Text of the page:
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Topic: Challenge Catergory-Classic Mystery

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Subject: Challenge Catergory-Classic Mystery
Date Posted: 1/4/2010 4:52 PM ET
Member Since: 8/27/2005
Posts: 4,129
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I wasn't sure if we wanted separate threads for each category like some of the other challenges, if so, I'm starting one for mystery because I finished my classic mystery.  And, it's quite timely because it turns out it's considered to be an influence on Doyle when creating Sherlock Holmes.

I read Monsier Lecoq, by Emile Gaboriau.  When choosing this book, I saw a blurb saying it was considered "the first modern detective novel".  There were no copies available at PBS so I requested it through my library, and the copy they sent was printed in 1906!  I'm guessing there is not a lot of demand for this book.  That's a shame, because I really enjoyed it.  The main character is a new police recruit who is more clever than his fellow officers and sees an opportunity to solve a crime that the other police consider an open and shut case.  Lecoq and an older, less bright sidekick start investigating, and Lecoq comes up with clever deductions that amaze his helper.

When I got to this point I started wondering if he was influenced by Doyle or the other way around, so I did my own investigation on line and found that this book was written in 1860, and Sherlock Holmes made his first appearance in 1887.  I also learned that Gaboriau wrote more than one book with this character, so it wasn't a complete surprise to me that when I finished the book, the ending didn't totally explain the mystery, it ended with Lecoq vowing to continue the investigation.  He had gotten only so far with it, when he went to a senior officer for advice, the senior officer turns out to be the really clever one, and points out what Lecoq did wrong and what he should do next.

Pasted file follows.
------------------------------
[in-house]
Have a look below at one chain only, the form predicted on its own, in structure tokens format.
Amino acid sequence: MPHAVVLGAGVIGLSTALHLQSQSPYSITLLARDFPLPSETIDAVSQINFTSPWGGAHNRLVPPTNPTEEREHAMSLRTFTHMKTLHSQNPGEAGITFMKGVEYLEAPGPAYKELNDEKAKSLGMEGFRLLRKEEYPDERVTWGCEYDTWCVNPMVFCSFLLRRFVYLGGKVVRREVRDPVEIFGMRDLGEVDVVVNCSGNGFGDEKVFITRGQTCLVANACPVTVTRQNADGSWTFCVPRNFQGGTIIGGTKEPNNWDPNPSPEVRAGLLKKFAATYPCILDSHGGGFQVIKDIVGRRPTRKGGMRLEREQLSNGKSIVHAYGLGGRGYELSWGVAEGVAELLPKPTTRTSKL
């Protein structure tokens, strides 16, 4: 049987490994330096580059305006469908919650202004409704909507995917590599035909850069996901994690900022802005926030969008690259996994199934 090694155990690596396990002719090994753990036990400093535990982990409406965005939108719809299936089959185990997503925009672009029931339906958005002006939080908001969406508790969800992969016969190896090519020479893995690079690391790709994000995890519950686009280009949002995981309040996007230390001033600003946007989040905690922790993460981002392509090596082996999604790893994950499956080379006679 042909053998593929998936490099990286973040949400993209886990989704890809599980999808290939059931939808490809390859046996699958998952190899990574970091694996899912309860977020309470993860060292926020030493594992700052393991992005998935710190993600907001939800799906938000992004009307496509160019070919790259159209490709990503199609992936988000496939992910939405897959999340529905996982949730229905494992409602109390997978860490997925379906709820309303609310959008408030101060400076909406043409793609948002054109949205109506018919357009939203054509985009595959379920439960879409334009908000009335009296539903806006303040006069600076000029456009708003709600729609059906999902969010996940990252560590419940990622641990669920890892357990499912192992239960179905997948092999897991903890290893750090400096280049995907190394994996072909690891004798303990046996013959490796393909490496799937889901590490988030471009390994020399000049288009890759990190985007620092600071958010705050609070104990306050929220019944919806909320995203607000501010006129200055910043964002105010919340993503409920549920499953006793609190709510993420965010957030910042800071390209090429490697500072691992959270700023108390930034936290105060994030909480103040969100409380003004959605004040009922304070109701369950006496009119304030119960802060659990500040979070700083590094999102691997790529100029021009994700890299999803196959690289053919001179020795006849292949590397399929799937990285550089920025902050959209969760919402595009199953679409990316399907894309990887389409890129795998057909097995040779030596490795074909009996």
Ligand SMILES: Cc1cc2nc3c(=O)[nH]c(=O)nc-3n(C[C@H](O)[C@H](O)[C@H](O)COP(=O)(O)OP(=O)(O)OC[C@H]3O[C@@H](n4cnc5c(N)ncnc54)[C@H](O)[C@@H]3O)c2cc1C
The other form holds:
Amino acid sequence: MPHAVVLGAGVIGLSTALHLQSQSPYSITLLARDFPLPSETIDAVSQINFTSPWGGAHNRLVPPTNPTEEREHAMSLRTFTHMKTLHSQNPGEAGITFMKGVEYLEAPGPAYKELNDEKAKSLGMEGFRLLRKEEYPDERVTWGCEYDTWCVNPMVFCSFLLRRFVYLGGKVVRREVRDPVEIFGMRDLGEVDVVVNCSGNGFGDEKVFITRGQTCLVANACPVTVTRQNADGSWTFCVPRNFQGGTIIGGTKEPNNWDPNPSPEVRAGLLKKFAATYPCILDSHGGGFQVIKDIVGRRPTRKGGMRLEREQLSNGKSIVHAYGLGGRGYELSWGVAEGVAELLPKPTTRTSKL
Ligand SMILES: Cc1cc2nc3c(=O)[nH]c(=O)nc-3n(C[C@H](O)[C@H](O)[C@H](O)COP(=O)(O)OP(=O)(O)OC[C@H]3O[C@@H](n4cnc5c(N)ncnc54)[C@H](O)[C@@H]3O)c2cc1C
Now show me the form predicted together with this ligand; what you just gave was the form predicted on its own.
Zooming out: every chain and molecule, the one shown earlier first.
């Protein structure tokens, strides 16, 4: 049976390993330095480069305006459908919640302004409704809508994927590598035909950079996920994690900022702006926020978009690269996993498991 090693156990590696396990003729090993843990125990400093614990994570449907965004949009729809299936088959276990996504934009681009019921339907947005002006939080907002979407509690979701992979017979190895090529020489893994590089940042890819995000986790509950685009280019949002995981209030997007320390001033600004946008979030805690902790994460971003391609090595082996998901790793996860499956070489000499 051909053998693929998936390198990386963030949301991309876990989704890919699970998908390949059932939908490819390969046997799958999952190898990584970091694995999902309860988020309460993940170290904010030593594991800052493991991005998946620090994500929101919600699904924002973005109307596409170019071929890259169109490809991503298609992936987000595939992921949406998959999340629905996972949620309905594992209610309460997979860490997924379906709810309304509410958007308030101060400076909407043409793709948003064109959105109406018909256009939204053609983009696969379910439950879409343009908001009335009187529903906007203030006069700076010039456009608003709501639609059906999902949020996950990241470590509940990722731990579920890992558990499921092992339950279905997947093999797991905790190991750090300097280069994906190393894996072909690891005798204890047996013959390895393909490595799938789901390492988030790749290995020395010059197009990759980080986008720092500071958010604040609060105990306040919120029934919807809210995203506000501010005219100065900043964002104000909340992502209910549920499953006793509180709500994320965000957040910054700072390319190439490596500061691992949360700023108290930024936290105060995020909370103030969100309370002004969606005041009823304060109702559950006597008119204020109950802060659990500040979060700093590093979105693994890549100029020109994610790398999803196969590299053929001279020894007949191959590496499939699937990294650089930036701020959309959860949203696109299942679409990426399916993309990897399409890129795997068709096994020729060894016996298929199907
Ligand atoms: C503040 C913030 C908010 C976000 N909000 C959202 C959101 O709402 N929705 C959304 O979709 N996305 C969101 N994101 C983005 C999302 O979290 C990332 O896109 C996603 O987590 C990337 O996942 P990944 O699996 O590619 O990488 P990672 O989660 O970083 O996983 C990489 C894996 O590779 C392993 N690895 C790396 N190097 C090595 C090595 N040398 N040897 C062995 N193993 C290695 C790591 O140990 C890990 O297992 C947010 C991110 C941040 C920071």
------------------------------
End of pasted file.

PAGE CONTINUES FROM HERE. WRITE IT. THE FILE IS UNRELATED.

In one of the critiques I read, it's this senior officer who is the person Sherlock Holmes is supposedly modeled on--but he only makes an appearance right at the end of this novel.  And, when trying to figure out what novel comes next, I'm seeing conflicting information.  I would really like to read the other books featuring Lecoq, but I think it'll be a challenge finding them either at the library or for a very low used book price.

So I really enjoyed my first challenge book, and it's one I never, ever would have found without this challenge!

Date Posted: 1/4/2010 9:06 PM ET
Member Since: 6/24/2009